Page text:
IS DOING EVERY MAJOR LIFT ONCE A WEEK TOO LITTLE?

Performing a major lift (squat, bench press, deadlift, pull-ups…etc.) only once a week is the way most professional bodybuilders and powerlifters train. Since it’s a well known fact that they are also taking a lot of anabolic steroids, most alternative gurus tend to consider similar routines ineffective for naturals. There is definitely some truth to this statement, especially when it comes to the usual bodybuilding programs consisting of 20 exercises and poorly organized progression a.k.a. “bro splits”. It would be naive to deny the fact that bodybuilding is much more dependent on drugs than training. You can have the most perfect routine in the world, if such thing even exists, but it will not make you a pro all by itself. Sadly, there is a limit which naturals cannot overcome regardless of training effort.

image source: http://pixabay.com/en/users/skeeze-272447/;

image source: http://pixabay.com/en/users/skeeze-272447/;

During my training “career”, I tried a lot of stuff and what worked the best in terms of strength increase was doing every major lift once a week, or once every six days which is almost the same thing.

After a heavy lifting session the body and the mind need time to recover. You have to reload your weapon before the next fight. Having only one heavy lifting session per exercise every week is one of the safest way to train in the long run, even if you are natural. Of course, you may recover in less time such as 3-5 days, but the extra days will make sure that you are on the safe side.


The more you do, the less you get. This is not skill training.

After a certain point adding more and more training stimulus gives less and less results. Imagine the following situation: You squat two times a week – once heavy and once light. Which do you think is the more important day? Of course, it’s the heavy day because that’s when work is being done. That’s what cuts through the rock. Without heavy days, there are no light days. One could argue that the light day is there to help you train form, but what if you are already experienced enough and have pretty decent technique. The squat is not an advanced ninja skill. You don’t need to rehearse it every day. This is not piano training either.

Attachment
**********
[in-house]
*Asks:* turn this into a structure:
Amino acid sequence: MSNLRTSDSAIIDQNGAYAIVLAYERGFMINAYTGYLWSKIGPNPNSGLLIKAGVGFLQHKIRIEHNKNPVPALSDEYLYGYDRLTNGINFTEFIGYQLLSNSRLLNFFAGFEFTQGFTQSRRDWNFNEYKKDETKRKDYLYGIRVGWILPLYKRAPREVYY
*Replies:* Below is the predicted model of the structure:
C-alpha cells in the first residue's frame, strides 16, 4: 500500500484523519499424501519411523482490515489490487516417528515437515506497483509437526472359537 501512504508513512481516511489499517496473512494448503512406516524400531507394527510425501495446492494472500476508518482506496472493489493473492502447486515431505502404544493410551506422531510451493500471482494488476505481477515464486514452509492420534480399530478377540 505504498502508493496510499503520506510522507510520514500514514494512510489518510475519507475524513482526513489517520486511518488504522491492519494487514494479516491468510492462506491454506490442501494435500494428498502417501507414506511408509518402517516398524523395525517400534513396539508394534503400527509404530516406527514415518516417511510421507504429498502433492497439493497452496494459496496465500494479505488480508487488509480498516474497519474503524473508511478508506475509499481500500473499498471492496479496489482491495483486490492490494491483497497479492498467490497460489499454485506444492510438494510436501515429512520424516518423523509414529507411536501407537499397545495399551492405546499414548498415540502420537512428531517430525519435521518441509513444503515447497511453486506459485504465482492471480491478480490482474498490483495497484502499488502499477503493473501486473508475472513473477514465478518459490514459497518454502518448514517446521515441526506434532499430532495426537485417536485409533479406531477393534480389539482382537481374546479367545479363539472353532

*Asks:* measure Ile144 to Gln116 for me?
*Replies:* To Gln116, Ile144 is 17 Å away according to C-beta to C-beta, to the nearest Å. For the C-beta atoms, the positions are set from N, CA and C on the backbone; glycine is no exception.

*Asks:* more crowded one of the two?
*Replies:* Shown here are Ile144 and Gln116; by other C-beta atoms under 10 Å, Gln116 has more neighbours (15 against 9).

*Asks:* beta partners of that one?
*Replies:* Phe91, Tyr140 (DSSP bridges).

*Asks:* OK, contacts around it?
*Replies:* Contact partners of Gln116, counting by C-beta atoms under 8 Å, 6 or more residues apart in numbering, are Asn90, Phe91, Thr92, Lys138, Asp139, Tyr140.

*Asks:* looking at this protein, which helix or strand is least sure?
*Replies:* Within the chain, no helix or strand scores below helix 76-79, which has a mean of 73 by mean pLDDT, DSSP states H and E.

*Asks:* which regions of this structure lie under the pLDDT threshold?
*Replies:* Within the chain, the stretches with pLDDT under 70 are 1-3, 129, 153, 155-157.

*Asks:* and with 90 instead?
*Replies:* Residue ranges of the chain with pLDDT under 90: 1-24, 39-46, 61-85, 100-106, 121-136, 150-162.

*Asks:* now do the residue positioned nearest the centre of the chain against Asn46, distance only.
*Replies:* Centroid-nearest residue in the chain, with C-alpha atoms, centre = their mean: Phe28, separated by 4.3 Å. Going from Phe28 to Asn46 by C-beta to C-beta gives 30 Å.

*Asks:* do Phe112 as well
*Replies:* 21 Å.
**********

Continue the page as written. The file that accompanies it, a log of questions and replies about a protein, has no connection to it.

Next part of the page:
So, what would happen if there’s no light day? Probably nothing.

What would happen if we add another light day and then maybe another just to be part of the hardcore “everyday we lift” community? You will reach a point where adding more stuff equals less and less profit when it comes to the end result. You will be giving more of you to achieve less.

You could try and squat the bar every day, as advised by some, but what good will that do when you are already capable of moving heavy weights with good form? Is the bar some sort of an entity requesting daily rituals?

The combination of exercises is very important

Technically, you don’t need 6 days to recover from a heavy lift, unless it’s the deadlift. For example, if the only thing you do for the lower body is the squat, you can have a second heavy day in the same week. However, if you are also doing deadlifts that week, the pulling workout will dig into your recovery. Therefore, it may be better to just do the two major hip lifts (squat and dead) just once a week with a few days in between.

But, what about the GTG (grease the groove) method?

This method is good for basic bodyweight exercises, but it has major flaws when it comes to the slow barbell lifts. First, it’s inefficient to go to the gym every day and do your GTG ritual. Unless you have a home gym, you will be spending too much time and money when you can achieve similar results with less frequent training. GTG only works in very specific conditions which are not always possible to replicate, Besides, how sustainable is this type of training? How long can you realistically do GTG?

At the end of the day doing a major lift heavy once week is still one of the best ways to train in terms of practicality and results. It may not seem super fancy, but it still gets the job done and there’s the smallest risk to overtrain.

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